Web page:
Although it’s rare, ferrets can have heartworms. The same mosquito that infects a dog or cat can bite your ferret and transfer the disease to him/her.
While all mosquitoes are not carriers of heartworm, it’s impossible to tell which ones are by sight. Because of their size, mosquitoes can easily get into your home through tiny cracks. If you take your ferret outdoors often, there is a greater risk of being bitten.
When heartworms are present, the heart enlarges placing pressure on the chest which in turn makes breathing more difficult. The enlarged heart cannot pump blood normally.
Symptoms of heartworm disease in ferrets are difficulty breathing, coughing, lethargy, weakness. If heartworm is suspected, your vet will take an x-ray to determine if the heart is enlarged and the disease’s progression.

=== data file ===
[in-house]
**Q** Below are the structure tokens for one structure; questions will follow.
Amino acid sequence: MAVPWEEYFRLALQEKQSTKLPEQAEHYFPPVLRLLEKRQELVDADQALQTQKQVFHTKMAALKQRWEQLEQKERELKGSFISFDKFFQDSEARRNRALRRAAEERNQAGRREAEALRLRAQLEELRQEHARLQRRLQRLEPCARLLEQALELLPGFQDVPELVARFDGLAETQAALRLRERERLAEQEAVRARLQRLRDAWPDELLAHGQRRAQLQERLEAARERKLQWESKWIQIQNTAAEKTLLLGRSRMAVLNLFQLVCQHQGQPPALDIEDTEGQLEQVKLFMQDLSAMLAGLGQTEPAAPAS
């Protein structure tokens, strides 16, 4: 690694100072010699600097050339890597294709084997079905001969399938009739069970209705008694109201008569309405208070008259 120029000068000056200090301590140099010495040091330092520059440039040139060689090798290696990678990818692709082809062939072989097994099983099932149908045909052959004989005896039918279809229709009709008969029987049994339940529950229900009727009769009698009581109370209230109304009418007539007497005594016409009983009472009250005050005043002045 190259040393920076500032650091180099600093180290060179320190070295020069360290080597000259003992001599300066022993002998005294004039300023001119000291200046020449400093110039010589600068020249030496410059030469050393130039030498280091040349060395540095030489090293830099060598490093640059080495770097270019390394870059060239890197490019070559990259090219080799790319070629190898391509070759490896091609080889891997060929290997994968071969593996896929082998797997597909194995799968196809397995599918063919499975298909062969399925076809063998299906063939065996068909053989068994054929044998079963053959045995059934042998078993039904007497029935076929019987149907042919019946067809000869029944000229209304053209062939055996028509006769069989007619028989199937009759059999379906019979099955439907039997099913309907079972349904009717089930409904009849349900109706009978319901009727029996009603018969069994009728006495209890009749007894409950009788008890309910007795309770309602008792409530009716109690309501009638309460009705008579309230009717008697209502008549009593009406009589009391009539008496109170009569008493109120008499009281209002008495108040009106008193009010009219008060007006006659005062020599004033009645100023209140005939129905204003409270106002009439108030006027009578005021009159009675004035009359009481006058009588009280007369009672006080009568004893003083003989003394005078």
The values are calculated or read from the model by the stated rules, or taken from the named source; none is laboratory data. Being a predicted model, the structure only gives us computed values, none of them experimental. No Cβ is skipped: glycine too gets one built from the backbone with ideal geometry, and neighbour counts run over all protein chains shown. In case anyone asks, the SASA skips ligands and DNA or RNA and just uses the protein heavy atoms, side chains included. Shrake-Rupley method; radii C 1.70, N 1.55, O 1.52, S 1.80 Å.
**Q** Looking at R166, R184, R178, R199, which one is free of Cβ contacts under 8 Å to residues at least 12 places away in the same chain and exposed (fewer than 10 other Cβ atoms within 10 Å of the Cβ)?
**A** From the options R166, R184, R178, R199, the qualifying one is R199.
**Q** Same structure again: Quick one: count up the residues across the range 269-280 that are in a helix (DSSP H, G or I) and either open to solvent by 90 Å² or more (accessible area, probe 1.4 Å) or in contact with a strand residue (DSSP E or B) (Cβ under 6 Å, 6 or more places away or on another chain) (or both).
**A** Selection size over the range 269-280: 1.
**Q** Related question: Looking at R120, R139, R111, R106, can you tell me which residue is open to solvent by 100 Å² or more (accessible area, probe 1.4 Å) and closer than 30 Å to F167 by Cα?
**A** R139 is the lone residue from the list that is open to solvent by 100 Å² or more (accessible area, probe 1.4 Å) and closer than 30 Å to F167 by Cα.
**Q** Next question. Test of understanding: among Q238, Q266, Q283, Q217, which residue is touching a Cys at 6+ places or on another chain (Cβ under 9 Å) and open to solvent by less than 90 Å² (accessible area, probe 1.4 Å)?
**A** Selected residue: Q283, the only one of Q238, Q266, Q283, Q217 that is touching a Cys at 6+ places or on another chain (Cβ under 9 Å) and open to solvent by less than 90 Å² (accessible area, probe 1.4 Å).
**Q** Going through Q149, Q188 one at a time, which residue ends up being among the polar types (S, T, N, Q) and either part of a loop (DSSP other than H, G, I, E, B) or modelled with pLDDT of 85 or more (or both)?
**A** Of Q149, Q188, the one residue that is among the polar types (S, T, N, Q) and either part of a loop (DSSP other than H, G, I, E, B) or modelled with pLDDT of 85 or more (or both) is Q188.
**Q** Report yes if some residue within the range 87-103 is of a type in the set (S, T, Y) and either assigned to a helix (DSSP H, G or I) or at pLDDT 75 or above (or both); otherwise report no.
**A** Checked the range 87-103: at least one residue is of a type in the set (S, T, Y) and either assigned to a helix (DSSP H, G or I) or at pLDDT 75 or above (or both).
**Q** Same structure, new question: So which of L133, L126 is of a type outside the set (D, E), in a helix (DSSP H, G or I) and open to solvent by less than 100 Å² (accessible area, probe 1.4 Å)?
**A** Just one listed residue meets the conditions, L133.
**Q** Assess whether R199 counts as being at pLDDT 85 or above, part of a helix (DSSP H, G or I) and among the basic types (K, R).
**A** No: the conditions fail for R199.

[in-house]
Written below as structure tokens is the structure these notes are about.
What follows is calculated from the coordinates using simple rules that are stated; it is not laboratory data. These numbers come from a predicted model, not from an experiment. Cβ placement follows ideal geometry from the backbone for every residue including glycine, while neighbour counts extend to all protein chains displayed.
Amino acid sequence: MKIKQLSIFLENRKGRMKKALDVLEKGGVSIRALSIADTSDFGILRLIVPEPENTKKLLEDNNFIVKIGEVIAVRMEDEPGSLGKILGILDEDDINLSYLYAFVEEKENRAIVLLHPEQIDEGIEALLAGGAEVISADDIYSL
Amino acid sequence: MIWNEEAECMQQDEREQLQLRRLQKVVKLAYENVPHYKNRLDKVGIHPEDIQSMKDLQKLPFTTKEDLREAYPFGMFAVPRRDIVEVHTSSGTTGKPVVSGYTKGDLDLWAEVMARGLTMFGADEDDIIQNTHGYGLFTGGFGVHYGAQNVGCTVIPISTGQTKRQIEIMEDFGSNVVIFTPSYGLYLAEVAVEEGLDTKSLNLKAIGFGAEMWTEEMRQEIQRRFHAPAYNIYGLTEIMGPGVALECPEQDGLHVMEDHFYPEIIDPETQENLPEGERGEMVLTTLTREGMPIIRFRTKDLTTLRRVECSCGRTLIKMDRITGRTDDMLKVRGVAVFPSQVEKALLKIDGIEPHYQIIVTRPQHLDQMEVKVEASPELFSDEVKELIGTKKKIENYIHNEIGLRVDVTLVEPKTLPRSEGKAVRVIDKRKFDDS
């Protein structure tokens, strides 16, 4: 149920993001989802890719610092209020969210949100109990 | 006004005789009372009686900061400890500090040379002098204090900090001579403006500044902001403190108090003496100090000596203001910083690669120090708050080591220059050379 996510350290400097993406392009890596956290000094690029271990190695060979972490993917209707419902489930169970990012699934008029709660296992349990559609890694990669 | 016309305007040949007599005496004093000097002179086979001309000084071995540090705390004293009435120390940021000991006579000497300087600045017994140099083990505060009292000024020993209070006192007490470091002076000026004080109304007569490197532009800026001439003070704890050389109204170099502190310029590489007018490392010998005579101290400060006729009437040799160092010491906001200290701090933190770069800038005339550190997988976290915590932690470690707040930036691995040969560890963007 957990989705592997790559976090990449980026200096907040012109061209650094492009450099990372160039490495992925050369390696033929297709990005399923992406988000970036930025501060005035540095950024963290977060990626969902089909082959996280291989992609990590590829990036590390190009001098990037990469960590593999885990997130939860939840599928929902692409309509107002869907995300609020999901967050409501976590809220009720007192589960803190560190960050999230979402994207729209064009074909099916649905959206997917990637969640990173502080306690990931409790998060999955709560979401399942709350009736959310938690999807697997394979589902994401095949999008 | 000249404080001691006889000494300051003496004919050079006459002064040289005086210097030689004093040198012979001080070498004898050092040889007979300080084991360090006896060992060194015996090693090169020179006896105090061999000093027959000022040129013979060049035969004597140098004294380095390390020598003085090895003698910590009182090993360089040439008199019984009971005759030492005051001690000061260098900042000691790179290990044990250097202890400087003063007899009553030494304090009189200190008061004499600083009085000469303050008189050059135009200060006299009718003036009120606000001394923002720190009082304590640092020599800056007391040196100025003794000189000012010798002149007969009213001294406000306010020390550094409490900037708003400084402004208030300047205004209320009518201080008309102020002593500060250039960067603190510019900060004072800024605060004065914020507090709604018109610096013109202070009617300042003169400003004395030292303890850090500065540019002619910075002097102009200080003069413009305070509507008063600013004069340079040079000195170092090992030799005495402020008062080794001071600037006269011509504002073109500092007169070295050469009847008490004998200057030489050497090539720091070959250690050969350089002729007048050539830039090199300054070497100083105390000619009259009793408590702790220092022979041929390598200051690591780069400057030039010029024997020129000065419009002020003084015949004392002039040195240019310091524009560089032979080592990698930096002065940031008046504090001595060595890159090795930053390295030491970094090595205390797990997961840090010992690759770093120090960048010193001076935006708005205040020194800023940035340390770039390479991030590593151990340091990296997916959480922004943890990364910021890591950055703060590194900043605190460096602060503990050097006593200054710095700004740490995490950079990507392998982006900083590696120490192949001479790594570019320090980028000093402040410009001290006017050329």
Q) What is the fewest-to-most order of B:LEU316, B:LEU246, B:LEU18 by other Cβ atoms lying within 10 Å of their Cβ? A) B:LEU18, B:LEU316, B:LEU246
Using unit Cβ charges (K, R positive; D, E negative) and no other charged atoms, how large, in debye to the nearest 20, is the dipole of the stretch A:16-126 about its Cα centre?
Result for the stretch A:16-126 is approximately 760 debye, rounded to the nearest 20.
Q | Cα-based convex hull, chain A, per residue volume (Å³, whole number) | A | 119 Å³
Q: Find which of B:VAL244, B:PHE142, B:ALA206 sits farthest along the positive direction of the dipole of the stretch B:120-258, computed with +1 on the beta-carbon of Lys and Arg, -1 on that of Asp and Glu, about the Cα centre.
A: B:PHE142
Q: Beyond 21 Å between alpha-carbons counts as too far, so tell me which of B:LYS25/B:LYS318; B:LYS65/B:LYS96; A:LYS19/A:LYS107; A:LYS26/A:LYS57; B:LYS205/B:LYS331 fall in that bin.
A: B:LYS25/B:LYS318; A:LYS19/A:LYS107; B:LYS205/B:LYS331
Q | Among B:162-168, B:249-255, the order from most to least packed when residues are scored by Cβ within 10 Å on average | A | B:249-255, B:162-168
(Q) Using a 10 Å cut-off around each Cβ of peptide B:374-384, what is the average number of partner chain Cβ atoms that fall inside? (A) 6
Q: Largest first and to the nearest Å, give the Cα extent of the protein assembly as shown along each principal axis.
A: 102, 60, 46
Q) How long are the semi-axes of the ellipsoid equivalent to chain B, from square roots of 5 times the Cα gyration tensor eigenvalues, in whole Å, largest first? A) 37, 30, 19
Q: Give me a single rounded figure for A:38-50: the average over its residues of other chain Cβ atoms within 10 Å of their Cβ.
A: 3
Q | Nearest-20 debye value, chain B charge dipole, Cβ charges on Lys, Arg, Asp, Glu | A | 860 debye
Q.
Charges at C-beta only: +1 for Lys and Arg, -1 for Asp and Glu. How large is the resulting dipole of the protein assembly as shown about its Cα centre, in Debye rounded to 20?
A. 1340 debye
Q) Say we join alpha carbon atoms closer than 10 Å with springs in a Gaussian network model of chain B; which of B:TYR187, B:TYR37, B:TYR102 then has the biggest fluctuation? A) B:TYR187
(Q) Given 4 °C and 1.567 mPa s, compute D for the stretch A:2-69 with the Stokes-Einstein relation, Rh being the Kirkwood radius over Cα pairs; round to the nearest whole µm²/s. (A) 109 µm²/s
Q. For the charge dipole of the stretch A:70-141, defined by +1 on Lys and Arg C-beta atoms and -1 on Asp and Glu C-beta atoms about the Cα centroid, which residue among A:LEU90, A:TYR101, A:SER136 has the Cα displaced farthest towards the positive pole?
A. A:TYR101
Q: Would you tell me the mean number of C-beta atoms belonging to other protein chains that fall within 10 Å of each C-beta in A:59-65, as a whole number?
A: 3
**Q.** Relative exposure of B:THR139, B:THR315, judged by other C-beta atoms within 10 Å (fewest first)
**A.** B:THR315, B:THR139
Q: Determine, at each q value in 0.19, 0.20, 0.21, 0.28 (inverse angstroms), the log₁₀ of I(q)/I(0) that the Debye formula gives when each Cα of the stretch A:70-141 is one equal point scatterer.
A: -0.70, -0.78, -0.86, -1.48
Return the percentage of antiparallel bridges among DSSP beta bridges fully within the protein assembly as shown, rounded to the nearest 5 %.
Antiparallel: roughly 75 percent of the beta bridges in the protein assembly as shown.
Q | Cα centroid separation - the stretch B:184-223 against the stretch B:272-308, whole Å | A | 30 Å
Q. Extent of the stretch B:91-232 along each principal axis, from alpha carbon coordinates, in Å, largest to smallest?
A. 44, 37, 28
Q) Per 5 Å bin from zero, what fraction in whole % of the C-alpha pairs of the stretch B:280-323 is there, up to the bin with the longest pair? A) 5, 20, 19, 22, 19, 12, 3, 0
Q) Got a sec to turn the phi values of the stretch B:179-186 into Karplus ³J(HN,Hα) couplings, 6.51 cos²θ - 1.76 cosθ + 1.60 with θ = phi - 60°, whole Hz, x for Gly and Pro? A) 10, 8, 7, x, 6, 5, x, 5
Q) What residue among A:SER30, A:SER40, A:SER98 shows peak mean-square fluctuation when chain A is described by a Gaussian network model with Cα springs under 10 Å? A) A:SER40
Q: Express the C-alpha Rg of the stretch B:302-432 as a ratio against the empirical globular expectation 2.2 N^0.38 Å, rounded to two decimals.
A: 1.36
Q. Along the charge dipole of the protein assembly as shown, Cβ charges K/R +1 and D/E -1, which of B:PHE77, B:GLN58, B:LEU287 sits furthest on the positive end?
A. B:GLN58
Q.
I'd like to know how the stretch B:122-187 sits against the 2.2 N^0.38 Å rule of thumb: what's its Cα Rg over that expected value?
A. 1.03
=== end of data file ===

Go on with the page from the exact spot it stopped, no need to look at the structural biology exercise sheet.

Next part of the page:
Although there is no cure for heartworm in ferrets, there is monthly preventive treatment called Advantage Multi that kills fleas as well. It can only be applied to ferrets weighing at least 2 lbs. Discuss with your vet to see if your ferret is a candidate for the medication.
There are some other ways to prevent heartworm. Early morning and in the evening are when mosquitoes are most active, so keep your ferret indoors at these times.
Make sure holes in screens are repaired and any cracks filled in.
As stated earlier, heartworm in ferrets is rare but since there is no cure, it’s well worth taking precautions against the disease.